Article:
Developments in Hong Kong -- 10 Years After Reunification with China

A decade after reunification with China, perhaps now is a good time to take a look back. In the past 10 years, Hong Kong has survived the busting of a bubble, the 1997 Asia financial crisis, a US recession, SARS, and now finally on the road to recovery again (Here is a graph that shows how dramatic the flutuations were). To put it mildly, it was an eventful decade. It also highlights the adaptability of the Hong Kong people. I was in the city this month, and here are 12 visible developments in HK.

The emphasis of the list are things that are observable by everyday local Hong Kong residents. This list is not ordered in any particular way. There're 12 items here because that's how many I found. So what you're seeing is completely raw and without any filtering on my part. You will see from the smallest streetside developments to broader social change. So without further delay:

  1. Octopus Card

    Launched in 1997, the Octopus Card is a rechargeable contactless smart card that is accepted at all major transportations, convience stores, vending machines, and fastfood chains. It is used by 95% of the local population. You can even link your bank account to your Octopus Card for automatic recharge. This essentially make Hong Kong the closest cashless society in the world today. It is entirely possible to live off your Octopus Card.

    Based on my highly non-scientific oberservation, the average Octopus Card maintains a balance of rougly 70-80HKD (10USD). I also estimate that the Octopus Card has speedup lines in bus stops by 2x.

  2. Environmental Awareness
  3. It is well known that pollution in Hong Kong has gotten worse (if you're reading the presentation, pages 18, 35, and 47 are particularly chilling). The good news is that there has been increase in environment and conservation awareness. Hong Kong has also converted all taxis and many mini-buses to liquefied petroleum gas (propane).

  4. Herbal Tea
  5. I first discovered these in Japan, and realized the potential of this product. In fact, Hong Kong has even more veriety of tea than in Japan. There're all kinds of tea that is mixed with different traditional Chinese herbs.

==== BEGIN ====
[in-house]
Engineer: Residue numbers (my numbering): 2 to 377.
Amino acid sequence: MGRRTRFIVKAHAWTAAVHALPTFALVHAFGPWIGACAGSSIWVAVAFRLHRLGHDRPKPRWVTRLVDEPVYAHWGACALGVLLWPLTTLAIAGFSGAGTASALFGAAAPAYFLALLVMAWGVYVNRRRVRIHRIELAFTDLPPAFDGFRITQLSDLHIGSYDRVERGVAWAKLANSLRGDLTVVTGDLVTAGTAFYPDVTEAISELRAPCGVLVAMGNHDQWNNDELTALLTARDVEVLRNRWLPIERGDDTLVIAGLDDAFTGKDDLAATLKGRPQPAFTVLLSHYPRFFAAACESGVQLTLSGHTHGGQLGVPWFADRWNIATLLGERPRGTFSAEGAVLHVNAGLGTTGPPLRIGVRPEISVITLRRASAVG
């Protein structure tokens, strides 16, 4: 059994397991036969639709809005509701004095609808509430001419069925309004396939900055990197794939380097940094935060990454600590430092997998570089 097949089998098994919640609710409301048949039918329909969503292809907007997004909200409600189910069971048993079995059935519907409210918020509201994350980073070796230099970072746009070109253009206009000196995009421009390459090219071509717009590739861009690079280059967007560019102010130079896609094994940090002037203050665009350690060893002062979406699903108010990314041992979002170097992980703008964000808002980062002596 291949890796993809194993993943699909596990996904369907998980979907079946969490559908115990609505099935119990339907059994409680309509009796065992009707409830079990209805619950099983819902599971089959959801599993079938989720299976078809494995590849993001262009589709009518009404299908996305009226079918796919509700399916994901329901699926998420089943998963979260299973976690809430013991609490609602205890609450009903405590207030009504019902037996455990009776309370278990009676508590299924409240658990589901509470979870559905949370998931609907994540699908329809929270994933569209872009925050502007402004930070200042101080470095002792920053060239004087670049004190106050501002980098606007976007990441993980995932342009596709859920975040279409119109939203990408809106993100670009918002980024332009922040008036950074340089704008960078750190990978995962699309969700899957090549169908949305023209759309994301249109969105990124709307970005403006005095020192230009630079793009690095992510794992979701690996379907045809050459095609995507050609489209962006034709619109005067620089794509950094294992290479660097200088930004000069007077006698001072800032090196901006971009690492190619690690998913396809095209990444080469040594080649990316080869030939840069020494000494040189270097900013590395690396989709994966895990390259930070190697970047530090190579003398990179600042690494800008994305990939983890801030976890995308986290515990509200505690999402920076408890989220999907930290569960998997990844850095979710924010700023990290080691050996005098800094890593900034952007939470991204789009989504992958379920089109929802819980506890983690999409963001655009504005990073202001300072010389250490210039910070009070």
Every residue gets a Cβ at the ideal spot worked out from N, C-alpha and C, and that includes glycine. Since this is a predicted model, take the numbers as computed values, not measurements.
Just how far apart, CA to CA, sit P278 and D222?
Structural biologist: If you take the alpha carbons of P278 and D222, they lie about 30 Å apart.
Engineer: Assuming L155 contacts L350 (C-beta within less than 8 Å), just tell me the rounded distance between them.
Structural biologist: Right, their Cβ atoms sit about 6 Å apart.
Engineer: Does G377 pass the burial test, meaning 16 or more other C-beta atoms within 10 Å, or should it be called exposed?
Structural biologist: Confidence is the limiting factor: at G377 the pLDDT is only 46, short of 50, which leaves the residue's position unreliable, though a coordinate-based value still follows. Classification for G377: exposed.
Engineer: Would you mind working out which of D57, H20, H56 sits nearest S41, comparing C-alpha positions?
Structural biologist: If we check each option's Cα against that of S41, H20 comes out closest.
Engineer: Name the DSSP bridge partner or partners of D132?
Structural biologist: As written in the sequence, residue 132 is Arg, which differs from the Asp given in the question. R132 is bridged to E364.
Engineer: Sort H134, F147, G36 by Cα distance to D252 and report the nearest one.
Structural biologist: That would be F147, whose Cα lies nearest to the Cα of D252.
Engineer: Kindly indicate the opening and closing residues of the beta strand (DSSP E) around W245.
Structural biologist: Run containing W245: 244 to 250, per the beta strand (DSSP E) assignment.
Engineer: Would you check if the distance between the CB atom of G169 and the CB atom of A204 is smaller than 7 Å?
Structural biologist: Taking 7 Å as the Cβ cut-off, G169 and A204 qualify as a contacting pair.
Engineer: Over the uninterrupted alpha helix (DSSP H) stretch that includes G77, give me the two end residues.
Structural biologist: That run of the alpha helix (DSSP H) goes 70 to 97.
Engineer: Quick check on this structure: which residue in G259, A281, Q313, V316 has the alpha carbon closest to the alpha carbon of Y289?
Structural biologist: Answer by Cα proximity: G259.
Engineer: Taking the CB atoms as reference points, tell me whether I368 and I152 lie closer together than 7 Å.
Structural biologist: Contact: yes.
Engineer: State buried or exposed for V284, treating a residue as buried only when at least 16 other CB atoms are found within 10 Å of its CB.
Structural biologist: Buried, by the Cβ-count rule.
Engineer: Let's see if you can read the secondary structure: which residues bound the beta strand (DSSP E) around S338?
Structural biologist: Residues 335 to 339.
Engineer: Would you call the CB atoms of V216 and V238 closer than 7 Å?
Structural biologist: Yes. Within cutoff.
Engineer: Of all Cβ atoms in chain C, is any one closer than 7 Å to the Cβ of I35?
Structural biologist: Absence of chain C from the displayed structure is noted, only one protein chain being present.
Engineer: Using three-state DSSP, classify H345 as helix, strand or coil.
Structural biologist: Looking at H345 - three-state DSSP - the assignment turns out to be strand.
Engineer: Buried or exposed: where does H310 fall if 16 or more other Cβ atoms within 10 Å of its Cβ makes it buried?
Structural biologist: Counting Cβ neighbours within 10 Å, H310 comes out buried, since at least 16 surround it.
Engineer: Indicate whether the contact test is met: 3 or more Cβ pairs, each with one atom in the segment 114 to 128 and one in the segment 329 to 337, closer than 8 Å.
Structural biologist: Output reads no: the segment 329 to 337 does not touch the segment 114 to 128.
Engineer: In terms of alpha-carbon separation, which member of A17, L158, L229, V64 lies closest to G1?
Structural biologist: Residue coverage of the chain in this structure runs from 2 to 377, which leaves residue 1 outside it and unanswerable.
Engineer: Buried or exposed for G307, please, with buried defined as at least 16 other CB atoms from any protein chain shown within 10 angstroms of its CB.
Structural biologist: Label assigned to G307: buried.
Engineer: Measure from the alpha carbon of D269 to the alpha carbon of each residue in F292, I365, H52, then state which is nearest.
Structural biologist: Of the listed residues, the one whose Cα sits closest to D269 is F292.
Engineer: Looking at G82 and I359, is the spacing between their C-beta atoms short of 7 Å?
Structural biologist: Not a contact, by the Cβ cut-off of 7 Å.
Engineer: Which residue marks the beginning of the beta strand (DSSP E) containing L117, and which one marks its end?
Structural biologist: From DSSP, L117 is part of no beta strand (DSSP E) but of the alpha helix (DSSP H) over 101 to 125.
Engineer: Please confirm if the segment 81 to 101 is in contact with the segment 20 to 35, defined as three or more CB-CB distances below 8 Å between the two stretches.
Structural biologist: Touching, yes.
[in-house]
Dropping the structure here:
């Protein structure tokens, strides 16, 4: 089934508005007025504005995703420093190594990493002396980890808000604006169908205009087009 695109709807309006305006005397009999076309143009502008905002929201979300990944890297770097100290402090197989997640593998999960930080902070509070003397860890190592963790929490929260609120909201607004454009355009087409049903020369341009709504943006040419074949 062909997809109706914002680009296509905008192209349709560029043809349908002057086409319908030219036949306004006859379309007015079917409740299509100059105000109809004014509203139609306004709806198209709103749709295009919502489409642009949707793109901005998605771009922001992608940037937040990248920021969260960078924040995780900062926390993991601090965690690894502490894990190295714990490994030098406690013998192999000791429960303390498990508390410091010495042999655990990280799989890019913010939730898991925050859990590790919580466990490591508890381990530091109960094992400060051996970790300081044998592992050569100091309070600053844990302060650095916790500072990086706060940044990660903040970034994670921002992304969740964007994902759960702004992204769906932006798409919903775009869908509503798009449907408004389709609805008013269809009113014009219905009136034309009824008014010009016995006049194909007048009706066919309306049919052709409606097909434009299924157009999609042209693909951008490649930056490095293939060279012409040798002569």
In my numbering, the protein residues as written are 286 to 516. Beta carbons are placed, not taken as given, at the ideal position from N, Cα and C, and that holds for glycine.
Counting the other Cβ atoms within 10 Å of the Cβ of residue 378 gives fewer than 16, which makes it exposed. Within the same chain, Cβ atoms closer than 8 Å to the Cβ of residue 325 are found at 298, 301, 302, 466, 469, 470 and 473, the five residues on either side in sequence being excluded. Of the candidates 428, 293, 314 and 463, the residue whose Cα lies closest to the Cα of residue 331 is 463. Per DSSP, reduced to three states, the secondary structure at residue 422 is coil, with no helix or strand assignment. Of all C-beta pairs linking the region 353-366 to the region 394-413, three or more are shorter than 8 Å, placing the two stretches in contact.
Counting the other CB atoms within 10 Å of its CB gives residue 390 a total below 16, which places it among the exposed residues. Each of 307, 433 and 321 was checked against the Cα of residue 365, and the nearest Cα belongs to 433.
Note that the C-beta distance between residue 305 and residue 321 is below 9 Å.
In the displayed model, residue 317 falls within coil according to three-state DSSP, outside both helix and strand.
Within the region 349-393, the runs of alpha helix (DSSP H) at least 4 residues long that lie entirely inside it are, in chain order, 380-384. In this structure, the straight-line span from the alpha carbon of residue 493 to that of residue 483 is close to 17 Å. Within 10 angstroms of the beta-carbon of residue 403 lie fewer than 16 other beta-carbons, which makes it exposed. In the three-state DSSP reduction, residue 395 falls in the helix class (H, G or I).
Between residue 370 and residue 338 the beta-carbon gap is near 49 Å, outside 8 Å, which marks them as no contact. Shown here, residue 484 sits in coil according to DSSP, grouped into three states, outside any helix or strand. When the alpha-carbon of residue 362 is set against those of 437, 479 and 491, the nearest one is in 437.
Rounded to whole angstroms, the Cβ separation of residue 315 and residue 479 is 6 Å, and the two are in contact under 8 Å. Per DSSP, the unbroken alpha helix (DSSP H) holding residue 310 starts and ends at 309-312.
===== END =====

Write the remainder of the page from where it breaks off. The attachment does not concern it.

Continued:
The last picture is from Macao. It shows that this product is already expanding.

  6. HKID
  7. The new Hong Kong Identity Card is state of the art. The most impressive aspect is that it allows quicker entry to Macao and mainland China. You insert the HKID card into a machine at the terminal, and a gate would open to let you enter. The whole process is completely self-served and takes about 10 seconds.

  8. MTR
  9. MTR is a partly government owned, pulic subway company in Hong Kong (which also has over 50% ownership of the company that operates Octopus Card). Other than more lines were added to MTR in the past 10 years, two visible changes are 1) safety glass that separates the track from the platform, and 2) TV screens with advertisements on the track replacing bill-boards.

  10. Buses
  11. All buses are now air conditioned with TV screens (advertisements included).

  12. International Finance Centre
  13. IFC is the latest tallest building in Hong Kong, but like many things in Hong Kong this is just temperary. The new Union Square will be the next tallest in 2010.

  14. Moving Street Markets Off the Street
  15. The government has also moved a lot of street markets and food cart vendors off the streets into real shops. People still refer to them as "Street Markets" though.

  16. Mobile Phones
  17. Hong Kong is a place with more mobile phones than people. Reason is that a lot of people have more than one cellphone, either to get the latest model or one for going to mainland China. You can also send SMS in Chinese, which is actually not too hard to do.

  18. Eletronic Coupon Machines
  19. I found these coupon machines in a grocery store. You can swipe your club card and it will print out today's coupons for you.

  20. Street Light Machines
  21. All street lights are converted into touch based machines instead of the old mechanical button.

  22. Integration with Mainland China
  23. Hong Kong now regularly broadcast TV programs in mandarin. Everyday hundreds of people from mainland China come to Hong Kong either on tour or on business. Likewise, many people in Hong Kong travel to China each day. There's also regular ferry going between Hong Kong and many other cities in southern China. It's clear that integration is happening at many levels.


1 comment:

  1. Hey next time your in Hong Kong, can you check on a company based there named and see if they've taken our money and closed shop. This is their address.

    Hong Kong HO 999077 CN


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